Arley: The biggest nod to any kind of diversity in the film (including women) was a single shot on the space station, which had a diverse crew in the background, implying all these people can become astronauts. And it’s undermined later because a group of Indonesians are shown fleeing their posts as cowards. Interesting to note that there are no American characters at all. The British group has a brief scene at the end but that’s the only English-speaking moment.
Josh: One last thing I liked about the characters is that the main protagonists are everyman, working-class hero types, which gave it kind of a Philip K. Dick feel. His protagonists were construction workers, tire-repairmen, blue collar types. They weren’t leaders of industry or adventuring space captains.
Arley: You associate that with PKD and science fiction, but I associate it with Chinese cinema, which is often centered around working-class culture.
The Wandering Earth is not only a film of big ideas, but also one of big visuals. Gorgeous shots of the Earth trailing a tail of fusion fire as it flies through space. Cityscapes trapped in ice. Jupiter overwhelming the horizon as the characters come across a whale frozen in mid-breach. But the smaller details are what set it apart from CGI blockbusters. There’s a scene in which Liu Peiqiang looks out the window of the space station and the audience can see, reflected in the glass, Jupiter spinning in time to the station’s rotation. Other science fictional elements further build this world’s foundations: the inflatable bubble that Liu Qi uses; his robot hand; the military’s powered armor; real-time translation devices. All these not only look cool in a technopunk way, but also serve as Chekhov’s guns that come into play later on.
Attention to detail is a little bit scattered in other areas of the movie, though, especially near the beginning when so much is presented at once, skipping over explanations of many technical aspects. Why is the sun suddenly expanding? How is there enough fuel to send the planet on an interstellar journey? Is the Earth structurally sound enough to withstand this force? Why are the cities located directly beneath these fusion rockets (arguably the most dangerous place for them to be)? How are the outside scenes so brightly lit when the Earth is now at Jupiter’s orbit? What, exactly, is a gravitational spike?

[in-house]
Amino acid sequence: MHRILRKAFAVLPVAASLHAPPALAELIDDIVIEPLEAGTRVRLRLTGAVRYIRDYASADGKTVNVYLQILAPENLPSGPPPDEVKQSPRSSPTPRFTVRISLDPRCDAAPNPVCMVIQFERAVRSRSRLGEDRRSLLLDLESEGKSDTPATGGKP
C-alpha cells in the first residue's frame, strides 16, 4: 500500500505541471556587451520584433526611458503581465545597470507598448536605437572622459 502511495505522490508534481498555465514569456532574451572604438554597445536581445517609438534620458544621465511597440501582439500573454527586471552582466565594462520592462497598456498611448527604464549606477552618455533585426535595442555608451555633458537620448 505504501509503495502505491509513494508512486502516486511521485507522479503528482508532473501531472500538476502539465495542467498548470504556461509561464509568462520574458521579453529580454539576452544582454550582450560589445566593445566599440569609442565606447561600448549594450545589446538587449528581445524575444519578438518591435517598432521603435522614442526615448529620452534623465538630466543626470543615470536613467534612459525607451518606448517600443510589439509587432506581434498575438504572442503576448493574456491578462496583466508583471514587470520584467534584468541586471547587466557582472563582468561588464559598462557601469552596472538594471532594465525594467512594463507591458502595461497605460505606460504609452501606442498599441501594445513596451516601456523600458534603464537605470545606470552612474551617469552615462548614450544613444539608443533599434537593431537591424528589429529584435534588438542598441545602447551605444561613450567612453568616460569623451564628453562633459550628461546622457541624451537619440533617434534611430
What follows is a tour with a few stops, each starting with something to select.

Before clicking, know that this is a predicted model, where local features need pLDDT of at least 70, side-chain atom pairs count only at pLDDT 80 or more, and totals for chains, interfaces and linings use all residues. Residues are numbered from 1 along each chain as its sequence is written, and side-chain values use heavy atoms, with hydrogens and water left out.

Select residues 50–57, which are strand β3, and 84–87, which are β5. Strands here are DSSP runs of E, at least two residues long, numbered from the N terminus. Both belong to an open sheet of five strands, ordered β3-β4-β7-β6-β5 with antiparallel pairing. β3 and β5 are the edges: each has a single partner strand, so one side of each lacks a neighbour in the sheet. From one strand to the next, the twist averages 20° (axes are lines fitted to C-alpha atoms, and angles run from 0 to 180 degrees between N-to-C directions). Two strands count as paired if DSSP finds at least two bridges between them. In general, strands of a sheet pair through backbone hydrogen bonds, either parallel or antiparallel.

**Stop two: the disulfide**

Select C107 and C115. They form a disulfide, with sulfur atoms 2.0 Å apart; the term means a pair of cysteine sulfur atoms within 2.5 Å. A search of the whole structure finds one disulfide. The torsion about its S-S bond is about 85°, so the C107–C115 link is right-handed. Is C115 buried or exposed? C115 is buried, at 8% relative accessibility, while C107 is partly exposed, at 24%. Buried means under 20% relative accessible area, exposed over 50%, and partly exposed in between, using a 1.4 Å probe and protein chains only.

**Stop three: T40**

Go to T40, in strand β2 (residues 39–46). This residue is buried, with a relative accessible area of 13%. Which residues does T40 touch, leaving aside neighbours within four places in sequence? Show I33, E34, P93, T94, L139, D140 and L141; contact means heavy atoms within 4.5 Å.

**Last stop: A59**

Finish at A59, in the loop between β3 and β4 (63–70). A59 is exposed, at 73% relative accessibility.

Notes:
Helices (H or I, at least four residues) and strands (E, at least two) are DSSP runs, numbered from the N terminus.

All these nitpicking issues are reduced to background noise when the film narrows its focus from reaching a distant star down to escaping Jupiter’s gravity, and narrows the stakes from the fate of humanity down to a father/son relationship. There’s only one way for The Wandering Earth to continue on, and it’s there from the beginning. Setting up the solution so the audience gets it right before the character does is very satisfying.
Josh: I like how they set up this 2,500-year journey and they get into trouble at Jupiter. Like, you’ve been traveling for a minute.
Arley: I thought it was a good movie. Not flawless, but in some ways it’s kind of a masterpiece. We could say more but this movie just needs to be watched.
Josh: Definitely worth seeing. It’s a scale of science fiction we don’t see in cinema except maybe in Interstellar.
Directed by: Frant Gwo
Written by: Gong Geer, Junce Ye, Yan Dongxu, Frant Gwo & Yang Zhixue, based on a story by Cixin Liu.
Starring: Chuxiao Qu, Jing Wu, Guangjie Li, Man-Tat Ng, Jin Mai Jaho, Mike Kai Sui, Hongchen Li, Jingjing Qu, Yichi Zhang, Haoyu Yang, Zhigang Jiang, Huan Zhang, Jiayin Lei, Arkadiy Sharogradskiy, Hao Ning & Yi Yang.
JOSH PEARCE, Assistant Editor, started working at Locus in 2016. He studied creative writing at SFSU and has sold short stories and poems to a variety of speculative fiction magazines. Born and raised in the Bay Area, he currently lives in the East Bay with his wife and son and spends way too much time on Twitter: @fictionaljosh. One time, Ken Jennings signed his chest.
ARLEY SORG, Associate Editor, grew up in England, Hawaii, and Colorado. He studied Asian Religions at Pitzer College. He lives in Oakland, and usually writes in local coffee shops. A 2014 Odyssey Writing Workshop graduate, he is soldering together a novel, has thrown a few short stories into orbit, and hopes to launch more.